In the past few years, social networking websites like Facebook and MySpace have brought together millions of people around the world. At Cornell, the Facebook phenomenon is widespread, with more than 52,000 active users in the Cornell network. Everyone from alumni to incoming students have found their places within Facebook’s groups and forums; even President David Skorton has a profile.
Tommy Bruce, vice president of University communications, appreciates the influence that new Internet technologies present. “It is very important for any institution, Cornell included, to participate in the Internet world,” Bruce said. “However, all Cornellians should behave without violating the rules.”
Recently, two individuals created a fake profile for Wendy Purcell ’26, the late wife of Robert Purcell ’32, the namesake of Robert Purcell Community Center on North Campus.
Using Purcell’s name, the creators began to join groups affiliated with Cornell, such as the group for students accepted to the Class of 2013. Using Purcell’s avatar, the creators began sending friend requests to a number of Cornell students.
Facebook creators and operators claim that the way Facebook is designed facilitates responsible use.
“Facebook is based on a real name culture. This helps create an environment where people are accountable for their actions and behavior,” Simon Axten, of the Privacy and Public Policy Department of Facebook, stated in an e-mail.
Even though Facebook tries to ensure the personal accountability of all its users, it is relatively easy for users to create fake profiles. All that is required to create a Facebook profile in a college or university network is a valid university e-mail address.
“I thought that the idea of Wendy Purcell on Facebook was very clever and funny. She’s a person whose name we all know, but we don’t really know much about,” Jesse Briggs ’12 said in reaction to Purcell’s profile.
However, as a member of Cornell’s Facebook community, Purcell’s profile was presented in a way that conflicted with many other students’. Her status message often contained sexually explicit phrases and her communications with prospective students were often concerned with sex and promiscuity.
In addition to violating Facebook regulations, the creation of false profiles has also been shown to pose a danger to individuals. Lori Drew was indicted for her role in creating a fake MySpace profile that eventually led to a 13-year-old girl, Megan Meier, committing suicide. Meier was led to believe she was chatting with a 16-year-old boy, who in reality did not exist. After Drew sent Meier cruel messages through the fake 16-year-old boy’s profile, Meier hanged herself at her home, according to MSNBC.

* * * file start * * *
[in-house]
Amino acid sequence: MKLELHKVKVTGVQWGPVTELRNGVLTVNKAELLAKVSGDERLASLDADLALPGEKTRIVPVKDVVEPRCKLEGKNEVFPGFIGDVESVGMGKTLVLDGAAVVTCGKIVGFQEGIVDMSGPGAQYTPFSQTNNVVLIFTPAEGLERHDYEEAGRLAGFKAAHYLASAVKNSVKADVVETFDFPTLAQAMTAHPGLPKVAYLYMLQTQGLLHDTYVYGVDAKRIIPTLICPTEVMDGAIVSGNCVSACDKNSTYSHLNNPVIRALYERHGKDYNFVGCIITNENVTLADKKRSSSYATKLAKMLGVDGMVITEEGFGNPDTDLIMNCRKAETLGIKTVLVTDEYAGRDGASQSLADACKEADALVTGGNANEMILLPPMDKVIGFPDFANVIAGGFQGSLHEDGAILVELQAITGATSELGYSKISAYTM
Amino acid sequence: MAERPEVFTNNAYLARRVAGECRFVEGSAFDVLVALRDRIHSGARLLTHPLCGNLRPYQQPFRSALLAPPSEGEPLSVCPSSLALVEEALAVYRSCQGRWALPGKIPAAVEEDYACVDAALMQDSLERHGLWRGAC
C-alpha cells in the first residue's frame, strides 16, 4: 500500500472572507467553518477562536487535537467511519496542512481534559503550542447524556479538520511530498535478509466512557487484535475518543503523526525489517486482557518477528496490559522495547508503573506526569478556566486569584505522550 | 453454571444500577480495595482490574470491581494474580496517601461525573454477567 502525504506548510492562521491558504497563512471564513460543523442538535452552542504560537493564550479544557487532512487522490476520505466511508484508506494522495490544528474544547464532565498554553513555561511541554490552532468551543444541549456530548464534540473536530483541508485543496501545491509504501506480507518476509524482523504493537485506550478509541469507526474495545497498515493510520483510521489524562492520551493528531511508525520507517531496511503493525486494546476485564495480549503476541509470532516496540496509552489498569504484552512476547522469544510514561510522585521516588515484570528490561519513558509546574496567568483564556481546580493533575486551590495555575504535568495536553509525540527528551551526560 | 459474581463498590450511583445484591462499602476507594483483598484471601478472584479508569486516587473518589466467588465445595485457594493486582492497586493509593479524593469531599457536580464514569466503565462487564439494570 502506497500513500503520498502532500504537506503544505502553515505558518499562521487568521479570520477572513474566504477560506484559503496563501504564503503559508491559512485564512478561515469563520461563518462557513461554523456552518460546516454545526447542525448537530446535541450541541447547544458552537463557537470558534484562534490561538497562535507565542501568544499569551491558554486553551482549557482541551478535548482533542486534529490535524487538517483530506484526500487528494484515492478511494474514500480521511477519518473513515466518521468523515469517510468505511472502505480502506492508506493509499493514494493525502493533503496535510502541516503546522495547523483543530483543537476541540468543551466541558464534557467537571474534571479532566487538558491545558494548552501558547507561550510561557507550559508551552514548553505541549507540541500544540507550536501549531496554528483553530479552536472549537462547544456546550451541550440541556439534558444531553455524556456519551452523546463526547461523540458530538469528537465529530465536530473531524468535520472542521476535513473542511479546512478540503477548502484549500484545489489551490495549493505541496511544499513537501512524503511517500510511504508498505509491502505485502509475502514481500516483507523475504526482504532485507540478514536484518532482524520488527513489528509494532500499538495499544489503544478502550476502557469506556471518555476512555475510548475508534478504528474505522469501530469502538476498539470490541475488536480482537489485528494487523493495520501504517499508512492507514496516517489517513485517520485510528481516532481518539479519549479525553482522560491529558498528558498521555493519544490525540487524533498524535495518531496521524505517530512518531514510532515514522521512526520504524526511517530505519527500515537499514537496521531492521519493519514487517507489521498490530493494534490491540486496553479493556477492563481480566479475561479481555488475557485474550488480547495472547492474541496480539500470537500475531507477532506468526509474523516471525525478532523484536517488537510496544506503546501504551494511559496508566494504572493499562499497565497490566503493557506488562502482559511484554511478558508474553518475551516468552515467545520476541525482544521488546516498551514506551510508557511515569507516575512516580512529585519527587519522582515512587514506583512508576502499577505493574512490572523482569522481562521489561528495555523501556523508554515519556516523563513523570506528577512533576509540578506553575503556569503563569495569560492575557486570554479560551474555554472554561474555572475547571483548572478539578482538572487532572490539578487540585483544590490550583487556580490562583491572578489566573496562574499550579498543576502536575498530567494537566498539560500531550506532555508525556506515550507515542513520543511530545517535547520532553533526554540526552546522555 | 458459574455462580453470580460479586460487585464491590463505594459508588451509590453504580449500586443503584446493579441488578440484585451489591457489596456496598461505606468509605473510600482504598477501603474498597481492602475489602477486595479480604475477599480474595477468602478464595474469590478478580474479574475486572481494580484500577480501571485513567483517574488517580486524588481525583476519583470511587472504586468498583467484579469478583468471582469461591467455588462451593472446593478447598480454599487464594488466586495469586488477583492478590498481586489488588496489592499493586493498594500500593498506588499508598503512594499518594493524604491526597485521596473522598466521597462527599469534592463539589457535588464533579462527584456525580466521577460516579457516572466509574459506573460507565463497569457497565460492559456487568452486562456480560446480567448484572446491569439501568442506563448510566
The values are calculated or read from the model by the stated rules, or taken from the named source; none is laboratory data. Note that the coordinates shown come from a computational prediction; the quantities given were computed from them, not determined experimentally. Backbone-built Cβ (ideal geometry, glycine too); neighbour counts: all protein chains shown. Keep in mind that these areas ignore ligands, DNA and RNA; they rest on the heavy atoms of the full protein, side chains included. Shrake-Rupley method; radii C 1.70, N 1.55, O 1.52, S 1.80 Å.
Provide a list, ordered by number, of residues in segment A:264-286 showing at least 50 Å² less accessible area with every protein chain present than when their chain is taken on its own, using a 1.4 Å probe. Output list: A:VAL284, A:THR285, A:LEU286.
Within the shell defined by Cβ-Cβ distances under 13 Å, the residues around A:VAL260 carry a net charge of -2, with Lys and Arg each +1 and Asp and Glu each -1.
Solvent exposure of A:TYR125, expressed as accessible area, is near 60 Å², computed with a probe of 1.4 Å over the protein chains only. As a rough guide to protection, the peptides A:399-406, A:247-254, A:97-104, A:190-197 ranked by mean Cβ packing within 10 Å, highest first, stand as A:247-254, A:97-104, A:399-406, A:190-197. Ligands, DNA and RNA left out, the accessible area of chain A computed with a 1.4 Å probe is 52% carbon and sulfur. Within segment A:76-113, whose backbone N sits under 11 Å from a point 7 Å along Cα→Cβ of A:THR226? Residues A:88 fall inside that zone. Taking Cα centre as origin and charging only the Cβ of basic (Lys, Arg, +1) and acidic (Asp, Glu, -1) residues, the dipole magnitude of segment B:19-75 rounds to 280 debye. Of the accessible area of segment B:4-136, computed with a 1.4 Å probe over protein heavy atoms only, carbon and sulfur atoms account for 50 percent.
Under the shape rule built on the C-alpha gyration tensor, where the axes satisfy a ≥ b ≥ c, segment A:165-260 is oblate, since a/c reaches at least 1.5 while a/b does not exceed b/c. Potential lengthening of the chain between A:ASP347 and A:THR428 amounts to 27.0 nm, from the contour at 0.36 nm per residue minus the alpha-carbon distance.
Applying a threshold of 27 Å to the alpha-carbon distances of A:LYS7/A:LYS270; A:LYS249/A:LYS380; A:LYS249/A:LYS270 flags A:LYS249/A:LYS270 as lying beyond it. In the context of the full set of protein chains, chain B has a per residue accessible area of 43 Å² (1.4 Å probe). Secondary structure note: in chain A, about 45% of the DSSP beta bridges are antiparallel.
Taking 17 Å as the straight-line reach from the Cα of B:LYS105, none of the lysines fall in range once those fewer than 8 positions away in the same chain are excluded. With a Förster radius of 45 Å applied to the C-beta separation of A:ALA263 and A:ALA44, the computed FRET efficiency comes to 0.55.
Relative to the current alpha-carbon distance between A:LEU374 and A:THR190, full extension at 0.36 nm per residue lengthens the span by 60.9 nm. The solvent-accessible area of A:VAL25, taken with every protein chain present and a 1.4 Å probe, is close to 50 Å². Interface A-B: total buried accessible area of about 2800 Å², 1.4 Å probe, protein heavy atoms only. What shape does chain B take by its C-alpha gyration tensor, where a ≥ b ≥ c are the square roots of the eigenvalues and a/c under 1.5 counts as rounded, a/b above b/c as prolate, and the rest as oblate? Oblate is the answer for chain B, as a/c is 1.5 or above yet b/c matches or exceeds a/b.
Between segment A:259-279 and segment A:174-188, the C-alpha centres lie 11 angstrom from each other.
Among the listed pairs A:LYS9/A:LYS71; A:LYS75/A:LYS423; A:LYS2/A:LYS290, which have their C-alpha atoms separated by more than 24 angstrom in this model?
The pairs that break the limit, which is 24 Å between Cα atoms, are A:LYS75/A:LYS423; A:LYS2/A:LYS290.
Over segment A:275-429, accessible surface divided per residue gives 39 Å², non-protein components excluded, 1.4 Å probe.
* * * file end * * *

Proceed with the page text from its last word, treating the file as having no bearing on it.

Facebook does have measures in place to ensure privacy and to weed out fake profiles. And, because of the high traffic of Wendy Purcell’s profile, Facebook administrators deleted Purcell’s profile. However, not all problems can be prevented. And, as technology improves and expands, there will be new challenges to meet.
Despite incidents that occur after people violate the regulations of MySpace and Facebook, many still argue that the social networking community bodes positively for Cornell, through networking and organizing on Cornell’s campus.
“I’ve already met a lot of my future classmates and people in my major. Maybe Cornell could implement [programs through Facebook] in the future,” Kevin Kim ’13 said.
Jason Locke, director of undergraduate admissions, stated in an e-mail, “Facebook most likely contributes positively to Cornell’s image. I would also add that given the significant number of information sources available to students today, Facebook is just one of many sources that prospective students can and will use in forming their impressions of Cornell.”
Despite all the potential good Facebook can offer, Locke maintains that users should be wary while using social networking websites. “There is a need for colleges and universities to fully understand both the possibilities and the risks involved in social media,” Locke said.